development has been increased to about 87,765 crores, out of which about Rs
38,500 crores is allocated to MGNREGS. By far, the biggest allocation for the
rural sector comes from the increased grants-in-aid to Gram Panchayats and
Municipalities to the tune of about 2.87 lakh crores. This is likely to
translate into Rs .80 lakhs per gram panchayat, which is substantial. The
increased allocation for rural roads under PMGSY (Prime Minister s Grameen Sadak
Yojana) is also a step in the right direction. The rural non-farm sector in
general and rural construction, transportation and services in particular, have
been the main sources of rural non-farm employment in the recent past. These
increases in allocations should have a positive effect on spending in the rural
non-farm sector, which in turn, should have positive effect on rural employment.
The Budget falls short of expectations mainly on the following aspects.
The first relates to the incentives for states to invest in
agriculture. After all, agriculture is a state subject and the states need to
step up investment to achieve growth in the sector. There is a distinct slowdown
in investment in agriculture in recent years. Gross capital formation in
agriculture (as a percentage of the gross value added in agriculture) has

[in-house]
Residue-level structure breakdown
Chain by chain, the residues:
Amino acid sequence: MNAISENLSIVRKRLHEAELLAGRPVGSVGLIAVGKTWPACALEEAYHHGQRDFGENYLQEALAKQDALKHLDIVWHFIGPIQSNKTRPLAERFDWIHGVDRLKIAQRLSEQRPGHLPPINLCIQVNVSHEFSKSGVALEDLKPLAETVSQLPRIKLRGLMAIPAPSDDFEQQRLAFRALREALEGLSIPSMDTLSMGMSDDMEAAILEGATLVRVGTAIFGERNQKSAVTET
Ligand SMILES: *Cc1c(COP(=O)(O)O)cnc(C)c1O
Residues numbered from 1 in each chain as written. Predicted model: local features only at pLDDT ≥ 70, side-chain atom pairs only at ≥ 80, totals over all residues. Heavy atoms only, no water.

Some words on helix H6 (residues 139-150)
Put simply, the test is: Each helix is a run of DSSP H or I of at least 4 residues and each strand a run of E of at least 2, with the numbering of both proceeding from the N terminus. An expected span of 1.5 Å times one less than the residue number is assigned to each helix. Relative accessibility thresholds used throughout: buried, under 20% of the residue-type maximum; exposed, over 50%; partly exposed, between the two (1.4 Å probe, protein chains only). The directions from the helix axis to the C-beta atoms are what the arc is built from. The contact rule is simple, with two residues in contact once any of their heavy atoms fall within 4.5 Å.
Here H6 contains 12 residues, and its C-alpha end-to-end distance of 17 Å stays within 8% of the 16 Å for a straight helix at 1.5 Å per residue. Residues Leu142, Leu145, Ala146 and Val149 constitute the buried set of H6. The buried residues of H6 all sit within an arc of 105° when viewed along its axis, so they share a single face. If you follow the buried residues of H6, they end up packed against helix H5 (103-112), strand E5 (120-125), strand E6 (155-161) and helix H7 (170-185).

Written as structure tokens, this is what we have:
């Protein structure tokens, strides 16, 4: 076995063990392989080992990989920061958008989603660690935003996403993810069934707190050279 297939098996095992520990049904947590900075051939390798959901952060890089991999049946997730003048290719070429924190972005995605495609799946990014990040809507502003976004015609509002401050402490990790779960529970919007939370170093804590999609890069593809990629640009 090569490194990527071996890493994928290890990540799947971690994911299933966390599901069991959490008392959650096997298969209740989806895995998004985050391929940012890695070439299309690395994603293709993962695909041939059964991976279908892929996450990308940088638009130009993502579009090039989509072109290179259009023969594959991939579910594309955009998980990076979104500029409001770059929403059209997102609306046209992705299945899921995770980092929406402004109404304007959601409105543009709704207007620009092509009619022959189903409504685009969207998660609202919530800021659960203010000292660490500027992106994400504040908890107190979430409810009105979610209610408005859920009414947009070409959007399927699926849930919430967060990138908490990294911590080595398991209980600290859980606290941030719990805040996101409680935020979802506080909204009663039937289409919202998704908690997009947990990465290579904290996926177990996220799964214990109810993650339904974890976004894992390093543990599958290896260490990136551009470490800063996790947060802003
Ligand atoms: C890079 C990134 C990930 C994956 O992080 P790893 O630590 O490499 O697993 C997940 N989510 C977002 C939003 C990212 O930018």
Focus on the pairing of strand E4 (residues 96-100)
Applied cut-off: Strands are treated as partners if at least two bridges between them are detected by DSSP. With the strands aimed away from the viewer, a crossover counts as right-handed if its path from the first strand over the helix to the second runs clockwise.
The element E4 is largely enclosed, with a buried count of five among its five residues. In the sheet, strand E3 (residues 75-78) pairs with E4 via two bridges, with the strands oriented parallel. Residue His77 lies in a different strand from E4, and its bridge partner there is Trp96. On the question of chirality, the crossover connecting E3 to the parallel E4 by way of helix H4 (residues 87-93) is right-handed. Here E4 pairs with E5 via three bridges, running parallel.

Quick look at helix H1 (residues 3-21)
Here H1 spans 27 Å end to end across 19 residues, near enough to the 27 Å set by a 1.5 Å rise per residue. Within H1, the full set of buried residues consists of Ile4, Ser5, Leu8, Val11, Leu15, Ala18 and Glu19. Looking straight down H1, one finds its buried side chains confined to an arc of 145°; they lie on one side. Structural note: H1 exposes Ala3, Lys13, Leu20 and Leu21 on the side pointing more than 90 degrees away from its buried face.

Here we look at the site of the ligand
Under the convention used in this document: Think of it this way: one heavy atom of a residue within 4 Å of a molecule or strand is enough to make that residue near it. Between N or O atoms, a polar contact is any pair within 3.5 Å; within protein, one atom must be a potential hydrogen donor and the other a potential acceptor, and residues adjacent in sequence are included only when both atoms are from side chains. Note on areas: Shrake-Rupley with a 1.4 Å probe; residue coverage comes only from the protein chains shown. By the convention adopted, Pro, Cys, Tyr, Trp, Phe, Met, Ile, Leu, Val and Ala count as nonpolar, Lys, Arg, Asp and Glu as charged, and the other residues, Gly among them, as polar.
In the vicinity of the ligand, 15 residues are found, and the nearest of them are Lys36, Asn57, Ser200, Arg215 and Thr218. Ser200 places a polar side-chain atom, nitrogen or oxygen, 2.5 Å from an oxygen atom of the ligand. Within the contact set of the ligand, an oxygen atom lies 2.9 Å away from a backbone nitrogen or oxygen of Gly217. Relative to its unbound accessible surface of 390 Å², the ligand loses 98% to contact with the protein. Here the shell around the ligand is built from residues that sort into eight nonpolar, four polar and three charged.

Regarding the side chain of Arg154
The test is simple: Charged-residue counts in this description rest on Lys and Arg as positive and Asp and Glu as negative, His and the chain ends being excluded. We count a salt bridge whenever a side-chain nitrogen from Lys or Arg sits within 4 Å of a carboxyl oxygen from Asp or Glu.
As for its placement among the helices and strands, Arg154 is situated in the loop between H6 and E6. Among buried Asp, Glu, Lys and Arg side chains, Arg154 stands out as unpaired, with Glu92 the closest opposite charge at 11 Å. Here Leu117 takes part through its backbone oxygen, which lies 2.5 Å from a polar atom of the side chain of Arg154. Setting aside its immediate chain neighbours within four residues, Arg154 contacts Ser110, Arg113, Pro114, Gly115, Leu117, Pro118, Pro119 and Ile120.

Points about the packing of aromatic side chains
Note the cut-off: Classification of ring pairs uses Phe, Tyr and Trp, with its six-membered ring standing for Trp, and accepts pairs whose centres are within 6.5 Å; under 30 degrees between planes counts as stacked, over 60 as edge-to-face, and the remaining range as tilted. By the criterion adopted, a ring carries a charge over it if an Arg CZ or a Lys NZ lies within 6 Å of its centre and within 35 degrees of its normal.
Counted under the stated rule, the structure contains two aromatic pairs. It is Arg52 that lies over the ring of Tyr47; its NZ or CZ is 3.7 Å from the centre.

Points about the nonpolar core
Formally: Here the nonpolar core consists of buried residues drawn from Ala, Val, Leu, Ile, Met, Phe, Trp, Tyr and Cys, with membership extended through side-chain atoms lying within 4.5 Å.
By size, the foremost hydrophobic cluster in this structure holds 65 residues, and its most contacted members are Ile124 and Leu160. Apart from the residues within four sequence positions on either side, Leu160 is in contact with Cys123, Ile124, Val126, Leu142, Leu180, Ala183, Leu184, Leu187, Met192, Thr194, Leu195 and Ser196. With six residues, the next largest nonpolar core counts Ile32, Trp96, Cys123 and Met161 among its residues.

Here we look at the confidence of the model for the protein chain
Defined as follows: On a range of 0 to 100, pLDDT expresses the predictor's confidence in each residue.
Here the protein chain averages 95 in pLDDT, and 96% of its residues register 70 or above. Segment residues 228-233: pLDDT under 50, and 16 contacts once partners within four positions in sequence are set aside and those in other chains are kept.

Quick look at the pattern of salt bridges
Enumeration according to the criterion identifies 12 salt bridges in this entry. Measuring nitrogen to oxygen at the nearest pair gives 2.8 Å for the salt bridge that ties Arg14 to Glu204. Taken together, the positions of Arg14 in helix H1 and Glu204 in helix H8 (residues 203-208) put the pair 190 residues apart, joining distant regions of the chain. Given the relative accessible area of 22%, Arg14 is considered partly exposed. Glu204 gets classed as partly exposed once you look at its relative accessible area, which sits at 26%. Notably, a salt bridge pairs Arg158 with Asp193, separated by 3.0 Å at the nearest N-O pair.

declined from 18.3 per cent in 2011-12 to 15.8 per cent in 2014-15. This sharp
fall in investment during the last few years is in sharp contrast to the rapid
increase since 2004-05.
The second issue relates to the top-down approach. India is a
heterogenous country with large differences in agro-clirnatic conditions. The
massive irrigation program, crop insurance program or any other programs
proposed in the ‘current Budget will need to be tailored to local conditions to
Another important issue that has a bearing on the success of
many of the proposed initiatives such as credit, DBT or insurance is the tenancy
reforms and modernization of land records. Success of many of these proposed
initiatives hinges crucially on the correct identification of the beneficiaries.
Modernization of land records, establishment of secure property rights and
undertaking tenancy reforms is sine qua non to the success of many of the
proposed initiatives. Reforming tenancy laws is urgently needed to make tenancy
The last issue is related to the modernization of extension
services. There is little focus in most of the recent Budgets, including the
current one, on this important aspect of agriculture. A large part of the
non-adoption of technology, non-utilization of government schemes etc can be
traced to lack of awareness on the part of farmers because of poor extension. It
is imperative that extension services need to be vastly improved to put
agriculture firmly on a higher growth path.